Student leaders and high school teachers in Oriental Mindoro have teamed up to carry out conservation projects in their schools and communities in an effort to help protect the threatened sub-watersheds of Naujan Lake National Park, program organizer Haribon Foundation said.
The Eco Guardians and Eco Rangers training program by environmental group Haribon Foundation implemented conservation programs geared towards the reduction of threats to the environment, restoration of forests and the sustainable use of resources, the group explained.
Seventeen participating schools in the communities surrounding the national park took part in the program.
At Apitong National High School students implemented proper waste segregation through trash bins made of recycled plastic bottles. These plastics bottles were also used to maintain the soil in their vegetable garden, which is usually eroded with rain.
In Aurelio Arago Memorial National High School – Alcate Annex, a native tree nursery was installed to accommodate the school’s source of seedlings for their tree planting activities.
The battle against waste generation is winning in Bayuin National High School through an intensified plastic ban advocacy in their school.
Meanwhile, Guillermo Calima High School strengthened mangrove protection in their community through arts-based awareness-raising campaigns using mural paintings.
Eco Guardian Glenda Rayos from Guillermo Calima High School told Haribon that the experience in doing the conservation initiatives brought them closer as a school and community. She remarked that while she initially had reservations about its completion, she is now resolved that their collaborative work for the environment will be successful.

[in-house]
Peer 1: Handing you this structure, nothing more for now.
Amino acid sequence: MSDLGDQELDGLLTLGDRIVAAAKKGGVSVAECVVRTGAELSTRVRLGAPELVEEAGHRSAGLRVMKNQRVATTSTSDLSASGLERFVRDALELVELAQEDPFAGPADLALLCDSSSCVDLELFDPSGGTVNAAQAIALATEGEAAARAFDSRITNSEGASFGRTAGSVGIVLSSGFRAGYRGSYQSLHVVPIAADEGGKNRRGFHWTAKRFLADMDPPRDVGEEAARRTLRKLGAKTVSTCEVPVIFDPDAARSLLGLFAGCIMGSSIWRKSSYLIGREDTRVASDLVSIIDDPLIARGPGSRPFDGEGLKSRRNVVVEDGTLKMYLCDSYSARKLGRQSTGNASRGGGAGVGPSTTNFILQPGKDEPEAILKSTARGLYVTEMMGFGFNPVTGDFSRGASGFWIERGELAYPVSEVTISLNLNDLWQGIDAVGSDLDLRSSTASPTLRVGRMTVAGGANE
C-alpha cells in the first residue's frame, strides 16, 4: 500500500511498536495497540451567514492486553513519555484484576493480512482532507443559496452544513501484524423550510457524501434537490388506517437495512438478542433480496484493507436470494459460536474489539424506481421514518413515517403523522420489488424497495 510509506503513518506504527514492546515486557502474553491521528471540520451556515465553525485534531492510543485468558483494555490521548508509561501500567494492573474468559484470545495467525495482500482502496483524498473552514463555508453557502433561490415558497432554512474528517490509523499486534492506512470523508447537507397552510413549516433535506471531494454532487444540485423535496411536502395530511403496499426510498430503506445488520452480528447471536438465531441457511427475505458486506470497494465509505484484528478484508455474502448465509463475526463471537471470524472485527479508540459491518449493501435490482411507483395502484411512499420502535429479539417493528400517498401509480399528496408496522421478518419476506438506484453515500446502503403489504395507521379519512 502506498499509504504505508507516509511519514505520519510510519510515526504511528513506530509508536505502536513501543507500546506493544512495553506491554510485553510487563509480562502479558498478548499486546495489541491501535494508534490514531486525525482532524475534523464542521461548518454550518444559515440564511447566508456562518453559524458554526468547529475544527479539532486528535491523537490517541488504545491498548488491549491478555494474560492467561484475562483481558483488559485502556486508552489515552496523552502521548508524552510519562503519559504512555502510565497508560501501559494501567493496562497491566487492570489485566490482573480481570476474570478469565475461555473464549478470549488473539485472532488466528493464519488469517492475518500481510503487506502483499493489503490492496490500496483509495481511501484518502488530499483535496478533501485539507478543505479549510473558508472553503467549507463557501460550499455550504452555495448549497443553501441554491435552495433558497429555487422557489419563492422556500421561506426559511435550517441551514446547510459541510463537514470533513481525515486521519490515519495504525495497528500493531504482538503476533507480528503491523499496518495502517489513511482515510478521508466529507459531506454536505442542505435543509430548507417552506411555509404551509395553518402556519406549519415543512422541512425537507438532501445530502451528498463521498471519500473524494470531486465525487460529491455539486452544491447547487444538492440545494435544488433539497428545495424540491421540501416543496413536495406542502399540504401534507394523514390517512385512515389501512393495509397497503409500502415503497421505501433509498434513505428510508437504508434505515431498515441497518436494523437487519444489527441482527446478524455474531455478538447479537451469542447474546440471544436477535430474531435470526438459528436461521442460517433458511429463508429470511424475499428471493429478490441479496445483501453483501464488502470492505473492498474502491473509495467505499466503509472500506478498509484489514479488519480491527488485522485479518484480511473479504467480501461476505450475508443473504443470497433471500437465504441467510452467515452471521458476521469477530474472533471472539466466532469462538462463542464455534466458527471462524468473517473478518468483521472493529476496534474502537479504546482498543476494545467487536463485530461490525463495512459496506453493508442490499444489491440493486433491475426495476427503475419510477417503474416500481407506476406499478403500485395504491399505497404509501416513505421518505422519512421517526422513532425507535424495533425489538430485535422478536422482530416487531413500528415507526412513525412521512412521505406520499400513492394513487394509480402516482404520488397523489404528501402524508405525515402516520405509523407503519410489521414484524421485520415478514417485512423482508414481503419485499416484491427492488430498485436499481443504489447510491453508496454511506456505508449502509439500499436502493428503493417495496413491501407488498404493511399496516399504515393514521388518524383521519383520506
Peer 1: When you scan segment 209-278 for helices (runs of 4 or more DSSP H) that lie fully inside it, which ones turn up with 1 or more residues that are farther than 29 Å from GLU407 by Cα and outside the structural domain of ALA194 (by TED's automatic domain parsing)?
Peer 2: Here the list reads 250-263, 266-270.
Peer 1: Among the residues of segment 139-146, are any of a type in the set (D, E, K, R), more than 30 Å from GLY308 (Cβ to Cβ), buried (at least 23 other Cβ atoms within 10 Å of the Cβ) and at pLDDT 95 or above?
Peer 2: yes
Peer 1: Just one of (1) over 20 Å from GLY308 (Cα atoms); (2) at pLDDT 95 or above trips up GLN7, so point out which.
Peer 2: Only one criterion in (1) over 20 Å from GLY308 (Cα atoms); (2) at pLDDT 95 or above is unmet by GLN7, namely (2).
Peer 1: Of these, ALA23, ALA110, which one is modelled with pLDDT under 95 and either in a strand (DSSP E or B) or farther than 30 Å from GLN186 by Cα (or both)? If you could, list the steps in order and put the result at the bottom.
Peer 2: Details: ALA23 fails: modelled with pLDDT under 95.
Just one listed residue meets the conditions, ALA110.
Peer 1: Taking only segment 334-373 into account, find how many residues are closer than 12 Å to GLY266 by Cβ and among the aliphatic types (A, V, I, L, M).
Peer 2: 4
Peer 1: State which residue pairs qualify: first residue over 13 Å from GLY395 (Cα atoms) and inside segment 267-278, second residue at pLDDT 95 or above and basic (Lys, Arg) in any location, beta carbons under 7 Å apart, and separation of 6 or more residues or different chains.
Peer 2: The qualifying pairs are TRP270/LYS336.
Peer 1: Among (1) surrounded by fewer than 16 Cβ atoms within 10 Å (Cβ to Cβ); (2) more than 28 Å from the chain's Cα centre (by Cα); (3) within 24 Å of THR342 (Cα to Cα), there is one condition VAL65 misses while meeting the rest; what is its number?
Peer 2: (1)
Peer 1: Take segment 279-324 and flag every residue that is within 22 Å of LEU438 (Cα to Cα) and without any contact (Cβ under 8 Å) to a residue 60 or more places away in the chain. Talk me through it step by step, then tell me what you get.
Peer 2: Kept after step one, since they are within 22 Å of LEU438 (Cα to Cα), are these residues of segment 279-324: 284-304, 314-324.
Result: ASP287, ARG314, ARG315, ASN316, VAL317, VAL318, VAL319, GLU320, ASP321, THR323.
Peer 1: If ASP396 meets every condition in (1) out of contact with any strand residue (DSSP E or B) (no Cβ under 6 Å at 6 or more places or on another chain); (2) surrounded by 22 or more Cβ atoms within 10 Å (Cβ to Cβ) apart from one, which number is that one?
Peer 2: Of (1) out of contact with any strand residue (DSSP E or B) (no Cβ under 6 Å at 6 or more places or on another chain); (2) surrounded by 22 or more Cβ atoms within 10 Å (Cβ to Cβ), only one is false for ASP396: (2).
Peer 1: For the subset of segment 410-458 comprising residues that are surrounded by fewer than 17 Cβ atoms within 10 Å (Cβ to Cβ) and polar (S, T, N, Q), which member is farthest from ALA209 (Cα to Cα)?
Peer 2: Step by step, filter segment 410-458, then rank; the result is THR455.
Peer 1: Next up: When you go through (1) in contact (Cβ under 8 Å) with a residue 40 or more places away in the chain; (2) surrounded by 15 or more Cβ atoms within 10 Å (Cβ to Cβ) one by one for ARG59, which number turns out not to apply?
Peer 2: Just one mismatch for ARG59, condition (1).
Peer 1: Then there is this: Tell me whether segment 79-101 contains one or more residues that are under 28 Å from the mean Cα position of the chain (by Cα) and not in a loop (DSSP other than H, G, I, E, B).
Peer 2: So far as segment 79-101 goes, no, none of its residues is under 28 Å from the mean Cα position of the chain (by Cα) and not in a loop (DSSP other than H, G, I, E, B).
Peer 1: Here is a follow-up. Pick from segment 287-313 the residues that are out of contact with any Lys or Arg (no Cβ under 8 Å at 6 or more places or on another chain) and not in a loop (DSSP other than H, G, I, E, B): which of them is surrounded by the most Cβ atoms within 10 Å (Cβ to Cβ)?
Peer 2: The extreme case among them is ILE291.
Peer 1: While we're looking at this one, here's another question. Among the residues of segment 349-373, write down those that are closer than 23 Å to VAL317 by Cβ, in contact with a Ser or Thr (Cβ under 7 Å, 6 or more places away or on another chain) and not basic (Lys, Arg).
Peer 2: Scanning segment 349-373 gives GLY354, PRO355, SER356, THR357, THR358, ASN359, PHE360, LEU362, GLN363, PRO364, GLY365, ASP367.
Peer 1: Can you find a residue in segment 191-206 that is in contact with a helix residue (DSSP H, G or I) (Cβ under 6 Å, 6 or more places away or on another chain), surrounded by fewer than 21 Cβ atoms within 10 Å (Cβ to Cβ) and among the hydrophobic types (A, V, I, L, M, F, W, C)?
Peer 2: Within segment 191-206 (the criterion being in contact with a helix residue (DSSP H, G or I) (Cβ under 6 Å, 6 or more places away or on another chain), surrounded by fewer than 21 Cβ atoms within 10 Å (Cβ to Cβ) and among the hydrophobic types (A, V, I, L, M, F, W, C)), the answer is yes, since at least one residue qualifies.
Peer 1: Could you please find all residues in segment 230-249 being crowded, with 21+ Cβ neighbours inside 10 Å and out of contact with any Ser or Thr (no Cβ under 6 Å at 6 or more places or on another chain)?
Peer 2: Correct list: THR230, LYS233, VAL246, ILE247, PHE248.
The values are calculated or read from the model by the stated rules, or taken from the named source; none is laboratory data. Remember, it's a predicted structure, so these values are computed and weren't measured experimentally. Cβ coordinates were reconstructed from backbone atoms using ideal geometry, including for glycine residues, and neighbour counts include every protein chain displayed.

“At first, I was anxious if we are going to accomplish well the projects that we proposed. But after a successful presentation to our school principal, the local government and barangay (village) officials, we were assured of their full support,” enthused Rayos.
Rayos is one of the 17 high school teachers who attended the Eco Guardians and Eco Rangers training program conducted by Haribon on September 20-23 and October 24-27 last year.
Brigitte Gonzales, Eco Ranger from Inarawan National High School, said that the program has instilled in her a newfound sense of responsibility as an active part of the community.
“As a youth, I have a role in caring for the environment,” Gonzales said. She recalled the earlier phase of the program wherein she and 41 students from other schools underwent a four-day training program.
“I learned a lot about the different ways I can start the change for a better environment, which I was also able to share with my classmates,” said Gonzales.
During this phase, participants were taught about environmental topics including ecosystems, biodiversity, watersheds, waste management, climate change, and environmental laws.
“These young leaders are no longer new to environmental issues such as illegal logging and improper waste disposal as they witness them first hand in their homes, schools and neighborhood,” explained Noel Resurreccion, Haribon Project Manager.
The training was a combination of interactive discussion, learning activities, and exposure trips. As part of the excursion, participants were brought to the sub-watersheds of the Naujan Lake National Park to learn about its value and the threats it is facing. Even as Mindoreños, most of the students were seeing the lake and its surroundings For the first time.
“These milestones are the fruits not only of their learning from the trainings we conducted last year, but of their hopes to help in the urgent need to conserve our life-giving watersheds,” said Resurreccion.
Haribon’s Eco Guardians and Eco Rangers Program was made possible with funding and support from the United States Agency for International Development (USAID).
Czarina Constantino/Haribon Foundation